Firing Customers

Several months ago, I wrote an article The Customer is Always Right… Sometimes in which I discussed many of the reasons a business should be listening and obeying its customers, even when it seems to go contrary to what the business stands for. However, there are times when not only is it inappropriate to listen to the customer, you should also get rid of that customer as fast as possible.

The first example is where you sell a product, and on occasion, will be asked for a refund. While you need to have a clear refund policy, you also need to know when to give in and issue the refund anyhow. A customer who won’t be happy, and is out of pocket because of your business (whether reasonable or not) is capable of generating a lot of negative attention for your business. Issuing the refund to get the customer to leave you alone will often not only rid you of an annoying customer, but also generate positive feedback for good customer service.

OK, so the first example wasn’t really about firing customers, but about having good customer service. Here’s another example.

If you do work for a customer, and they don’t pay – get rid of them if you can. A good customer who can’t pay will be upfront with you about their situation, and try to arrange alternate payment schedules. A bad customer will keep taking work, thereby driving up their balance, and not mention that they cannot pay the bill. The problem with such customers is that many of them try to justify their position and explain that they don’t actually owe you the money. In other cases, they will ask for special treatment to get their bill reduced.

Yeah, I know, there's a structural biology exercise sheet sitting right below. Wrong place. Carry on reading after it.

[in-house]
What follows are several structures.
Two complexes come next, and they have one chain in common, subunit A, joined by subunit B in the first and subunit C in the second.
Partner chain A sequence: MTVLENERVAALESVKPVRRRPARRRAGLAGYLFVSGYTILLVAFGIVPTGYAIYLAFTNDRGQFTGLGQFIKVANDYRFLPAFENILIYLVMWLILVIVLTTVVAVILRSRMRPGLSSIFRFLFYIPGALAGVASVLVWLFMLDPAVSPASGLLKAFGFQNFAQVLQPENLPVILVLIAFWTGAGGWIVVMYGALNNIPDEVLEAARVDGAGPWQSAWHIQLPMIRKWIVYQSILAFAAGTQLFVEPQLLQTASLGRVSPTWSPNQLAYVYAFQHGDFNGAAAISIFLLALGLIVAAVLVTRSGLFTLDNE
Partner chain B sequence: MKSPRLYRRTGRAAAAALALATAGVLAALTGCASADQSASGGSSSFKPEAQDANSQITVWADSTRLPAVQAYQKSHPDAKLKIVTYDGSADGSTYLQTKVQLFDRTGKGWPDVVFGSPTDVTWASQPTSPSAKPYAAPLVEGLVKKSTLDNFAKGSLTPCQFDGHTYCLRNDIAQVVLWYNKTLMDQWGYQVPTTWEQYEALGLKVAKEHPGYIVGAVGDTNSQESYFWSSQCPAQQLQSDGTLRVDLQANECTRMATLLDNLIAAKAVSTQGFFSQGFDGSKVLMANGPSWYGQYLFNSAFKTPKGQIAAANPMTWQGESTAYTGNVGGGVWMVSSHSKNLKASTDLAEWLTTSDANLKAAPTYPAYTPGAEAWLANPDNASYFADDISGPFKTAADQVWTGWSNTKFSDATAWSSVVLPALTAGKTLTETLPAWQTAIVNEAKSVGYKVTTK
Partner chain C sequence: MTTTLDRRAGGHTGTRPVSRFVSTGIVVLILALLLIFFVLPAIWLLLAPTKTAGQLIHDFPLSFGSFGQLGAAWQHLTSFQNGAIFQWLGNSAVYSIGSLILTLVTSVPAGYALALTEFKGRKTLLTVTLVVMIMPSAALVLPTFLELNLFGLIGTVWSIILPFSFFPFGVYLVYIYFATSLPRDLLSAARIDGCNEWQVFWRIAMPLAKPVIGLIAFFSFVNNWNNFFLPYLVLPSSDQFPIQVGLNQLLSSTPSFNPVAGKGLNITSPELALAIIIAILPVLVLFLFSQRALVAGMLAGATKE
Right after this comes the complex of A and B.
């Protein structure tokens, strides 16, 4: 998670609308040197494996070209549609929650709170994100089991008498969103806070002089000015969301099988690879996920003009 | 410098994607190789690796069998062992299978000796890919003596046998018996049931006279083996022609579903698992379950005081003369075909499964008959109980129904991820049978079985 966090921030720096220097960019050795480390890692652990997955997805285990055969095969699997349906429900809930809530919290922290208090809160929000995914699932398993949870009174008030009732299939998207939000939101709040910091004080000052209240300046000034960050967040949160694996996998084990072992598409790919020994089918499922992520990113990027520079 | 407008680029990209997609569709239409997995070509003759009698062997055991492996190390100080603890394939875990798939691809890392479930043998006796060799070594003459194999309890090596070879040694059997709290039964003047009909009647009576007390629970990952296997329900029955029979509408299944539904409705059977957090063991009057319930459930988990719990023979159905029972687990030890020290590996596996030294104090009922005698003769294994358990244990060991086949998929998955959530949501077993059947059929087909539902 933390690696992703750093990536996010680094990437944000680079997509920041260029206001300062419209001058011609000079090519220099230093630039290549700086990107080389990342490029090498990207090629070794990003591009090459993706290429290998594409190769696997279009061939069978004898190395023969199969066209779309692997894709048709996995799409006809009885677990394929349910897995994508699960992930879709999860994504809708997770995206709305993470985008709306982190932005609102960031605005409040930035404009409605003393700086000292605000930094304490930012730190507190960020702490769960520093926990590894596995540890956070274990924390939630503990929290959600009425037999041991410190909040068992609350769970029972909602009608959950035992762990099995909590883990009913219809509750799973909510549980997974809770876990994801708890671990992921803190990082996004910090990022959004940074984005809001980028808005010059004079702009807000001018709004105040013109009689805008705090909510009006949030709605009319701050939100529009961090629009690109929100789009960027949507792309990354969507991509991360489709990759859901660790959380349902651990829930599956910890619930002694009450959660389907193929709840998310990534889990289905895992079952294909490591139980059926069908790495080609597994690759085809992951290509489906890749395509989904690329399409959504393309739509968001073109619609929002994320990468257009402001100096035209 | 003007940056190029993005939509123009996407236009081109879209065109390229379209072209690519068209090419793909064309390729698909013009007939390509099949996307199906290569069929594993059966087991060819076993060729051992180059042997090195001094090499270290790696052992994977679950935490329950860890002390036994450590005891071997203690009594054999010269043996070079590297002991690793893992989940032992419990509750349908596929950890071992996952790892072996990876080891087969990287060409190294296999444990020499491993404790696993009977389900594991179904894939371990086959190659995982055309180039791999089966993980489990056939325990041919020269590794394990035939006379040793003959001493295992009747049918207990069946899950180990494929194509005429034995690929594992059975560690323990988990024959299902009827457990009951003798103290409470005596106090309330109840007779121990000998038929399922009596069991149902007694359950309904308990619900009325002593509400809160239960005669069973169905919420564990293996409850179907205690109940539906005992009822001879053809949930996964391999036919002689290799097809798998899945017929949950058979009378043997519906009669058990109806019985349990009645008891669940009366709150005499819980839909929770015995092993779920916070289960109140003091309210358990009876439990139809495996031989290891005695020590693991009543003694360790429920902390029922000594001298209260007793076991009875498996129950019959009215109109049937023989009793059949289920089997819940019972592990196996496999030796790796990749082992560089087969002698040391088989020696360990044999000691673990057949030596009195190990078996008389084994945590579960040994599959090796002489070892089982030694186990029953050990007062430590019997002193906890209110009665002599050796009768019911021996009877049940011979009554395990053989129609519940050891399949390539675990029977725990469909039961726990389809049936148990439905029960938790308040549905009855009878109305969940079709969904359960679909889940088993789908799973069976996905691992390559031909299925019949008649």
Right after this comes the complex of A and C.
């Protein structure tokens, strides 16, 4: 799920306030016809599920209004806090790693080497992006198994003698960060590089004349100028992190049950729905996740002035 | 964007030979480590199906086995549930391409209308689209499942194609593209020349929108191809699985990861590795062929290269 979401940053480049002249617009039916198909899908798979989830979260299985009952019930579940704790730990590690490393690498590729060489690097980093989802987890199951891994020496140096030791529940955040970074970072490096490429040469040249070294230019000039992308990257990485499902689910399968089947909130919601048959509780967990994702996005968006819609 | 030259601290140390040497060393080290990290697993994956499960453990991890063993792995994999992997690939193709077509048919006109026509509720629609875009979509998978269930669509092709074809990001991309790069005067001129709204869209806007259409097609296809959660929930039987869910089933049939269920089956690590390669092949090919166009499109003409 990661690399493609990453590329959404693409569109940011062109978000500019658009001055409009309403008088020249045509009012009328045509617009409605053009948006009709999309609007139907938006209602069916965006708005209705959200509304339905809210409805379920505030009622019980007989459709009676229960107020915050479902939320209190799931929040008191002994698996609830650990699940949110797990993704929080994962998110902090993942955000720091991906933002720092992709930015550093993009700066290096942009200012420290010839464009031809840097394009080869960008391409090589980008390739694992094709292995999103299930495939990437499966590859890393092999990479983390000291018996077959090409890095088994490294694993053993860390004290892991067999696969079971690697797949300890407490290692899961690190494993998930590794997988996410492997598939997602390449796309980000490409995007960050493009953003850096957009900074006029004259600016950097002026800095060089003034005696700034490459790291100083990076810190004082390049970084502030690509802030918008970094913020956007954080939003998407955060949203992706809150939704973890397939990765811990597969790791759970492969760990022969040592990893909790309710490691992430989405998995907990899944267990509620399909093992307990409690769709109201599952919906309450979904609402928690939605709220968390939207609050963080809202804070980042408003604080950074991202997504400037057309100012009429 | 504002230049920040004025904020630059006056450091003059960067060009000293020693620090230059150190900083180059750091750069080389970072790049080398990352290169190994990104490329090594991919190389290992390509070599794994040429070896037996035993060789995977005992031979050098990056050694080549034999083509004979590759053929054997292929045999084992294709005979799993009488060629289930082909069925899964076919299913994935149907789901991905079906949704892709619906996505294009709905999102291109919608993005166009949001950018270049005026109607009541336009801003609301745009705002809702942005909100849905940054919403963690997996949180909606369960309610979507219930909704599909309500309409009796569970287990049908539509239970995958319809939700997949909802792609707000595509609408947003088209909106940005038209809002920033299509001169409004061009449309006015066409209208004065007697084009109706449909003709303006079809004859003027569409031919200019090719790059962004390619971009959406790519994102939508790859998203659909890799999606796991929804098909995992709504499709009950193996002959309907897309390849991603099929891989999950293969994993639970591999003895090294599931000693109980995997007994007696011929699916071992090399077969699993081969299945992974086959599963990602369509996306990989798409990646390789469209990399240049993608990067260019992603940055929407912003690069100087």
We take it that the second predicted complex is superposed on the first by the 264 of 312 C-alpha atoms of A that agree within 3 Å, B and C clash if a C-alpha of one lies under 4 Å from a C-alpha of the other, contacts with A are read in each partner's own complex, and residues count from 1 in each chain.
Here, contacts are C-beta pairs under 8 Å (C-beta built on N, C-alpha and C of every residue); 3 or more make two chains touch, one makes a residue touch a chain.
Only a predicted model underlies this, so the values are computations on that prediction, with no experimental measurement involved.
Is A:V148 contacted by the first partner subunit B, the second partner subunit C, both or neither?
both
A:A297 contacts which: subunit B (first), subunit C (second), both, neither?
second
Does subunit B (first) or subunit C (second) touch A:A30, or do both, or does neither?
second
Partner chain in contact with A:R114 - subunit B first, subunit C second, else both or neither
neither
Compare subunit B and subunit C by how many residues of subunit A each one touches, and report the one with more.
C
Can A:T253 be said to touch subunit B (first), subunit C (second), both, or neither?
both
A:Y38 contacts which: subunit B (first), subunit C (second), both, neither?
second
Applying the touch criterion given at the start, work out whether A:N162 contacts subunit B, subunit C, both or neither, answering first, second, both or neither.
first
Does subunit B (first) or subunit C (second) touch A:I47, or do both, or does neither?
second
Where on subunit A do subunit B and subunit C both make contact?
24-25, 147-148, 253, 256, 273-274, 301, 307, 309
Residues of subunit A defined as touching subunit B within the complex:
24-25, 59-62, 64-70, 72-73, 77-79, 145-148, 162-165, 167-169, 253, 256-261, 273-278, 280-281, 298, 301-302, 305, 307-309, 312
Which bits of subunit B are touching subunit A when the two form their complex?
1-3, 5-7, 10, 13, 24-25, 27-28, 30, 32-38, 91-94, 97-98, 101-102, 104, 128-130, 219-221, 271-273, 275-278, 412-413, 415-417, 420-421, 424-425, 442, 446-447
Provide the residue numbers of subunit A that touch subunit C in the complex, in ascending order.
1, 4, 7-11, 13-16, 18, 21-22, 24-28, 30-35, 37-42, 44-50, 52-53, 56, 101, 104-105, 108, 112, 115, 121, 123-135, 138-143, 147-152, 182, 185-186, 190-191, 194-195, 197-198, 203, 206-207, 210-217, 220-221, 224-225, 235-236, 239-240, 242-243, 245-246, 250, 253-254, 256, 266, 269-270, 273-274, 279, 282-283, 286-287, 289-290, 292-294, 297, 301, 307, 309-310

It is not in your best interests to do either. When you are out of pocket on a customer, and realize that you will have difficulty collecting, you need to stop. You need to stop working for the client, you need to stop arguing with them (and yes, such situations usually end up with grudge matches, often held through long sequences of e-mails) and you need to just issue a notice that payment is due.

Be polite. Tell the client that you will not be doing any more work for them until full payment is received. Give the client any outstanding material of theirs that they may not have (for example, if you’ve collected data as part of the project, send them the data – even if that’s not part of the contract). Tell them when you expect payment by.Tell them what’s going to happen if they don’t pay (for example, I’ll sue you for the shirt off your back!).

Here’s another example where it’s wise to get rid of a customer.

Sometimes the issue is not that the client can’t or won’t pay, but that the work being done does not match the work requested originally. In that case, if discussing with the client to resolve the differences doesn’t improve the situation, you may want to stop the project. If you do, then you can try referring them to someone else who can better serve their needs. As an example, if you run a business doing SEO and SEM work, but the project turns out to be website development, then you may want to refer them to a web development business.

Sure, you may lose the project as a result, even the parts that were your forte, but at the end of the day, you’ll have less aggravation as a result.